After 88 years in development, New York City’s new Second Avenue subway line has become a reality. And the two-block-long concourses and 37 fabulous images tokyo tower, japan particularly high ceilings allow the line’s first subway stations to house a permanent public art installation on a scale not previously seen in New York.
The first stations opened along the new line are the latest additions to the MTA’s Arts & Design project to revitalize the city’s public transit stations. Four high-profile artists were chosen for the Second Avenue subway project. The most well-known is Chuck Close, who adorned the 86th Street station with 12 mosaic portraits, each nine feet high. Among his subjects are musician Lou Reed, painter Cecily Brown, and Close’s wife, artist Sienna Shields. In one of his self-portraits, the squiggly hairs of his beard are individually shaped tiles that differ from the otherwise mostly square tiles that make up the rest of the image.
Brazilian artist Vik Muniz also incorporated a self-portrait into his contribution at the 72nd Street station, depicting himself tripping and spilling papers out of his briefcase. Like Close, Muniz used people he knew as his subjects, asking them to pose for the 36 life-sized mosaic portraits of New Yorkers who just seem to be waiting for the train like anyone else. They may be reading, they may be carrying their instruments of choice (a saxophone particularly pops), or they may be dealing with children. The piece is called “Perfect Strangers,” but the impression is of familiar characters one might see at a subway station.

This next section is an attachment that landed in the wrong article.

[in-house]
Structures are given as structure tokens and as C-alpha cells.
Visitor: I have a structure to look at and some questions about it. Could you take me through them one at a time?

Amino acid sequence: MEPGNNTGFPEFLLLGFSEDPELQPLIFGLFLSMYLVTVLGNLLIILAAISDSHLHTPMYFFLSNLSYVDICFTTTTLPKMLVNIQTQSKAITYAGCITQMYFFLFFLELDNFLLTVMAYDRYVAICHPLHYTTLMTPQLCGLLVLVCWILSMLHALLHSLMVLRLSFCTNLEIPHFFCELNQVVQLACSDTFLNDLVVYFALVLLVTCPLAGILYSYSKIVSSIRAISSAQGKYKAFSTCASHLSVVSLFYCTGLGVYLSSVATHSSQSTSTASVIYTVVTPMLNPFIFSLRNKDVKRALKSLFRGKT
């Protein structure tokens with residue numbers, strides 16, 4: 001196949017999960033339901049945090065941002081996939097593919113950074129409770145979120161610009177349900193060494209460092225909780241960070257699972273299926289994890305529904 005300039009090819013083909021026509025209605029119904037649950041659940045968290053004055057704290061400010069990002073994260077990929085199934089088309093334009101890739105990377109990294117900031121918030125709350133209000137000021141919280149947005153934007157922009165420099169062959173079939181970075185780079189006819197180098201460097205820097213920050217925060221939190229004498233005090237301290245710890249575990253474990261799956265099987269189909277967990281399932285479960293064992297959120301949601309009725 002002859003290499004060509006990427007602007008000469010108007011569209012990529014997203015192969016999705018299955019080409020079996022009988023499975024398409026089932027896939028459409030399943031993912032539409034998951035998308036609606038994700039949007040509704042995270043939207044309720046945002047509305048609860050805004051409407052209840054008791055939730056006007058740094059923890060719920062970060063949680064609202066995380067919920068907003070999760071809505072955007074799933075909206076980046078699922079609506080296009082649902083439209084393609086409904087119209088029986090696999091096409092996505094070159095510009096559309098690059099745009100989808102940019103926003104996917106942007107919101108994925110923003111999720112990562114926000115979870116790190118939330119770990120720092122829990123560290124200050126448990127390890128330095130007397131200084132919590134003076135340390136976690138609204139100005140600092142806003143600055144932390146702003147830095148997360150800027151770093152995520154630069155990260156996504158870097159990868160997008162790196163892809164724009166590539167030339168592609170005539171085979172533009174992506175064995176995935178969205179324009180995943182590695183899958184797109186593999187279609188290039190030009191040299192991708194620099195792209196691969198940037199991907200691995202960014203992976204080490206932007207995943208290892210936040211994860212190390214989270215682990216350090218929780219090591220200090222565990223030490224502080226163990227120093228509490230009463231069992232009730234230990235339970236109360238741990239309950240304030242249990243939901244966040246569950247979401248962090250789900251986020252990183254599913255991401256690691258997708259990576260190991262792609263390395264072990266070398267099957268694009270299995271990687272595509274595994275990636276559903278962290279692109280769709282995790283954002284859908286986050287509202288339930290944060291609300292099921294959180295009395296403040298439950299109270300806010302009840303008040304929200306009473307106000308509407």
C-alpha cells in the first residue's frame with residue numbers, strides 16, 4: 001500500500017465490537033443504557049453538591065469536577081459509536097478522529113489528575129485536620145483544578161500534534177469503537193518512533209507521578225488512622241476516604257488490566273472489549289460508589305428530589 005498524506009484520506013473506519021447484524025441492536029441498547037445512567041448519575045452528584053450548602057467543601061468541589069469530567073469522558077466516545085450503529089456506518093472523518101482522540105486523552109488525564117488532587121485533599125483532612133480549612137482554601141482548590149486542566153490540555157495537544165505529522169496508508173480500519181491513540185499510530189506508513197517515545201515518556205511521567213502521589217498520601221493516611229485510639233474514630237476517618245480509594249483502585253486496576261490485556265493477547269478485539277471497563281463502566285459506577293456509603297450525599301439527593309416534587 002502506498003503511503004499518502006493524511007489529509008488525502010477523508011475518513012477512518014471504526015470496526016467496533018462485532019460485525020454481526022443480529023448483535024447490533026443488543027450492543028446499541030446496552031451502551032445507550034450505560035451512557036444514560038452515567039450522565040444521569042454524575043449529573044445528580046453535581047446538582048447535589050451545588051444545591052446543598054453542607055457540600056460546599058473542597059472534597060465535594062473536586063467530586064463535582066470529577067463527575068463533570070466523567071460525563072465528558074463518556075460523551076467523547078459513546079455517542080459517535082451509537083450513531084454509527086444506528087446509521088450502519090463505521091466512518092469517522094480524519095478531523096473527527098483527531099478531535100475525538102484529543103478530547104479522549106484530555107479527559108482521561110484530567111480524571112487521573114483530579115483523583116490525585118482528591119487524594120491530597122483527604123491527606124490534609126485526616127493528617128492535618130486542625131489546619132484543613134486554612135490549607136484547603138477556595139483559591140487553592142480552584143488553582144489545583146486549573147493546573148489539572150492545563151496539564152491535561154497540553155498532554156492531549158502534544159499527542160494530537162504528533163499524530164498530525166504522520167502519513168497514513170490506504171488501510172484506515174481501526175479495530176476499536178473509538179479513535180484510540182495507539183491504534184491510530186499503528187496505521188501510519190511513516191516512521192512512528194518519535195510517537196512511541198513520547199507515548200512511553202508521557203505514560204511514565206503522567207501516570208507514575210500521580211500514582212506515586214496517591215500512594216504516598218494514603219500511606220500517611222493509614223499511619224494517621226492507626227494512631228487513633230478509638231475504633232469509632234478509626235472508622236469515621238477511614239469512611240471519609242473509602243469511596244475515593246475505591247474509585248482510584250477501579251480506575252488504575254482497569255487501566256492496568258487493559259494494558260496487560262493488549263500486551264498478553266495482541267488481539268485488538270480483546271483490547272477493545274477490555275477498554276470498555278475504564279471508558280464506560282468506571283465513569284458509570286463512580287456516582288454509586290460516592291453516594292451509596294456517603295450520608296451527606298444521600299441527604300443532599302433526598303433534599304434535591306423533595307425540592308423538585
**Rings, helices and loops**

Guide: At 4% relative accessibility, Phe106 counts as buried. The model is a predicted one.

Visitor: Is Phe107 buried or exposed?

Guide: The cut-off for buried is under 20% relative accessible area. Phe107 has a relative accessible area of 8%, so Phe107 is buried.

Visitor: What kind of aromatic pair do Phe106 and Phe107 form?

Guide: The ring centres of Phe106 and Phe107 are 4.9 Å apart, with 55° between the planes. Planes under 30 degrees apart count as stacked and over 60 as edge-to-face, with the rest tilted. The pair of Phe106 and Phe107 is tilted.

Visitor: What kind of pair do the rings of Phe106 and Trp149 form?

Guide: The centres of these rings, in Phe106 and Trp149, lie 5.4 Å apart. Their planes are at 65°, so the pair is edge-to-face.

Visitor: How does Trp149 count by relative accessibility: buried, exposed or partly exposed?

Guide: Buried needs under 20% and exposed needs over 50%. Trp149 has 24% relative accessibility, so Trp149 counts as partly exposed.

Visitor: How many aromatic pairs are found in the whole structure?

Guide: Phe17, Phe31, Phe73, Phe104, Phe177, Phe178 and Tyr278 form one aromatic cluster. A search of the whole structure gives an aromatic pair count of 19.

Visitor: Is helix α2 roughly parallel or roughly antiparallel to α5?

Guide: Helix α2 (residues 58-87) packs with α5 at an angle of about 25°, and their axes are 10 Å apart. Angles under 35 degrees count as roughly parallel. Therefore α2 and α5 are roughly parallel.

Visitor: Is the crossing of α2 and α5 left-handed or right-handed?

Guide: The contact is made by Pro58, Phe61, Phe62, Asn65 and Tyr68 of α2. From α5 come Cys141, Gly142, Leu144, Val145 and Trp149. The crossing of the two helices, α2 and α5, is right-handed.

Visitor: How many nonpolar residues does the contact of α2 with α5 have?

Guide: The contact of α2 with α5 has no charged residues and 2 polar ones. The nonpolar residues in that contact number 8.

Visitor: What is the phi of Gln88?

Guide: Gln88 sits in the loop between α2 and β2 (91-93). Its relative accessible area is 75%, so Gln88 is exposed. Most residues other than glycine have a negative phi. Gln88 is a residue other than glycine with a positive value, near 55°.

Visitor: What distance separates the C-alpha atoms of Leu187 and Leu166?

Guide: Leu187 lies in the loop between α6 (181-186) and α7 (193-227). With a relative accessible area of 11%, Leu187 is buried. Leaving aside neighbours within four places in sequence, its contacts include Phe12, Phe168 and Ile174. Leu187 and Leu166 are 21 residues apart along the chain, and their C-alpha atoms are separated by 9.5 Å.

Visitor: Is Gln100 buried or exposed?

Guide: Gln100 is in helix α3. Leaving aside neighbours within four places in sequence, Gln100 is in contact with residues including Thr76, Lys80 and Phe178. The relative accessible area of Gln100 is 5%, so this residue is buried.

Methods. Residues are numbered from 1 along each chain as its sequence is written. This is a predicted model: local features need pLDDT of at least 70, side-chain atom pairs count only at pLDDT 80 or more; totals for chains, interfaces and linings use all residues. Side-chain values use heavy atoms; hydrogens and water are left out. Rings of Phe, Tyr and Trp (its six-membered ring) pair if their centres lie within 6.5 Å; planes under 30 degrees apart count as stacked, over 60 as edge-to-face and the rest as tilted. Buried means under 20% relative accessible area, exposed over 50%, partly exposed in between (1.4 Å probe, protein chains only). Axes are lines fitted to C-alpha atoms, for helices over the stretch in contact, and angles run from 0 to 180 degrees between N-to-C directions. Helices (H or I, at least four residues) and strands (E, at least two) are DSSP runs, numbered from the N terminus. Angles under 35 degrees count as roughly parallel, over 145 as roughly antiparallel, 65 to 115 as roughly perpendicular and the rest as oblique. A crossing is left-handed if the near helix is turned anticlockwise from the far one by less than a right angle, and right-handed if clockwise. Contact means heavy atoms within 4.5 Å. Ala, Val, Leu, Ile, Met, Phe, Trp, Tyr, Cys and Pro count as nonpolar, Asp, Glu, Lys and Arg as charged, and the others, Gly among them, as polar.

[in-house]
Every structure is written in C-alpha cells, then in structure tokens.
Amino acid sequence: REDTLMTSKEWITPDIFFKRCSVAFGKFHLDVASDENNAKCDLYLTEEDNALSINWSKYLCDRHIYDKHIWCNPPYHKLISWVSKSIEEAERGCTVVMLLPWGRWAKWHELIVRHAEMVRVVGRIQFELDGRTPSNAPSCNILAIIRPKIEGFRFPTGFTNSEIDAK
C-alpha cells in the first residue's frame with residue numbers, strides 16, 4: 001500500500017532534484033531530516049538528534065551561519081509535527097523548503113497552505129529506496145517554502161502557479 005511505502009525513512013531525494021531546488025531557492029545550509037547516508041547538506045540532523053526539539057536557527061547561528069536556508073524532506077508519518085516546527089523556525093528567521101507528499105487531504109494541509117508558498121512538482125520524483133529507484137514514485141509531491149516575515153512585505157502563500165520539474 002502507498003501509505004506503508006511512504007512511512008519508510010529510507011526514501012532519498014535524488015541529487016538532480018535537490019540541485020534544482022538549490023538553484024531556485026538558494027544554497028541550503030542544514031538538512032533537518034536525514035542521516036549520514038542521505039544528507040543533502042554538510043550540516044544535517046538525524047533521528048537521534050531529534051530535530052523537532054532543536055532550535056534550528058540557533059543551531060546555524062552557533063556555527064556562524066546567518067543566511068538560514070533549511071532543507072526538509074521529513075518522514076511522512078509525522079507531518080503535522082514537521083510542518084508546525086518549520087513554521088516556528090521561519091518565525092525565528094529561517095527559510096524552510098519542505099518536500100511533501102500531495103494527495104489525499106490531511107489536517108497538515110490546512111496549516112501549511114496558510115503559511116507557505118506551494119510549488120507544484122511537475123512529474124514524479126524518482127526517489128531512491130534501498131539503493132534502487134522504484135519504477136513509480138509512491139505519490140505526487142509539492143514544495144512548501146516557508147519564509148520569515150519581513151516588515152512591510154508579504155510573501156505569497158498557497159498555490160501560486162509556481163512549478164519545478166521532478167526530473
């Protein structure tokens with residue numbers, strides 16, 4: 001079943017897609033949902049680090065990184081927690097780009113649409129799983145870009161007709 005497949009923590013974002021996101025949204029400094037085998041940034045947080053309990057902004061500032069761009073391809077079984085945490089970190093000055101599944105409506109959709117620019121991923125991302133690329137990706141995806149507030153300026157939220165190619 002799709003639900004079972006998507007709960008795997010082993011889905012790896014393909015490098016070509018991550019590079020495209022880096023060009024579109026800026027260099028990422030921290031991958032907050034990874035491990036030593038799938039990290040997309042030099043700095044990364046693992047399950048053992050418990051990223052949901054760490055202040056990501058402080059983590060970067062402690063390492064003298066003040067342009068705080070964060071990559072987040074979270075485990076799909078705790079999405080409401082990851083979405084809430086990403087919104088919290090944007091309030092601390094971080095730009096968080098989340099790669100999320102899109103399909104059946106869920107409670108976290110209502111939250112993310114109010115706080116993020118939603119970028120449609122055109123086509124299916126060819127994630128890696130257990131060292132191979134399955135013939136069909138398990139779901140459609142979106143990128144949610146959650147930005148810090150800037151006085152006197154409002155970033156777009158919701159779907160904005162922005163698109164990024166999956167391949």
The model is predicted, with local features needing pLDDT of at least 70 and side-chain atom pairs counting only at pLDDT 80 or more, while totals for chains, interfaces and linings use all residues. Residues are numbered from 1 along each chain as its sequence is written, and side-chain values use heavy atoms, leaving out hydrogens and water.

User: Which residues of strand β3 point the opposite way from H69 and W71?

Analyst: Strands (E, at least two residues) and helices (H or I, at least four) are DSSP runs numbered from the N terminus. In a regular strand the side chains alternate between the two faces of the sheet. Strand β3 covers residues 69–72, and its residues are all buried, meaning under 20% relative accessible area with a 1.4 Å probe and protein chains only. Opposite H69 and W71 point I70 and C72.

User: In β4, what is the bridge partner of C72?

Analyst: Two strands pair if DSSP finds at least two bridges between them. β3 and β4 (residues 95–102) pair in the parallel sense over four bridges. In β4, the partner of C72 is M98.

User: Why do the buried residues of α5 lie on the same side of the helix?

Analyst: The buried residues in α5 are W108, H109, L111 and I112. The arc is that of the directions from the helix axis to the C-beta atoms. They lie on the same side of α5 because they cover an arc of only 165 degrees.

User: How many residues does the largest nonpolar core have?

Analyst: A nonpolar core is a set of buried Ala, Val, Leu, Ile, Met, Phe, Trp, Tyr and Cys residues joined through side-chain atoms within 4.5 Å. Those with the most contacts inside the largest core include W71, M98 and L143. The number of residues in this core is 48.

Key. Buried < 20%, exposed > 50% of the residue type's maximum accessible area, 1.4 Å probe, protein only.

At the 96th Street station, artist Sarah Sze used standard-sized tiles as her canvas, creating a smooth and immersive drawing for riders to descend through as they head for their trains. A collage of images of scaffolding, birds, chairs, leaves, and wind greet those entering the station, and along the concourse they pass through the illusion of paper blowing around them, as though they were walking along the street on a windy day. Her piece, which resembles the blue and white image one might see on an architect’s desk, is called “Blueprint for a Landscape.”
At the 63rd Street Station, artist Jean Shin used pictures she found in the archives of the New York Transit Museum and New York Historical Society to re-create images of riders from the 1920s, 30s, and 40s on the walls. She also depicted the demolition of the Second and Third Avenue elevated lines, from which her piece got its name, “Elevated.”
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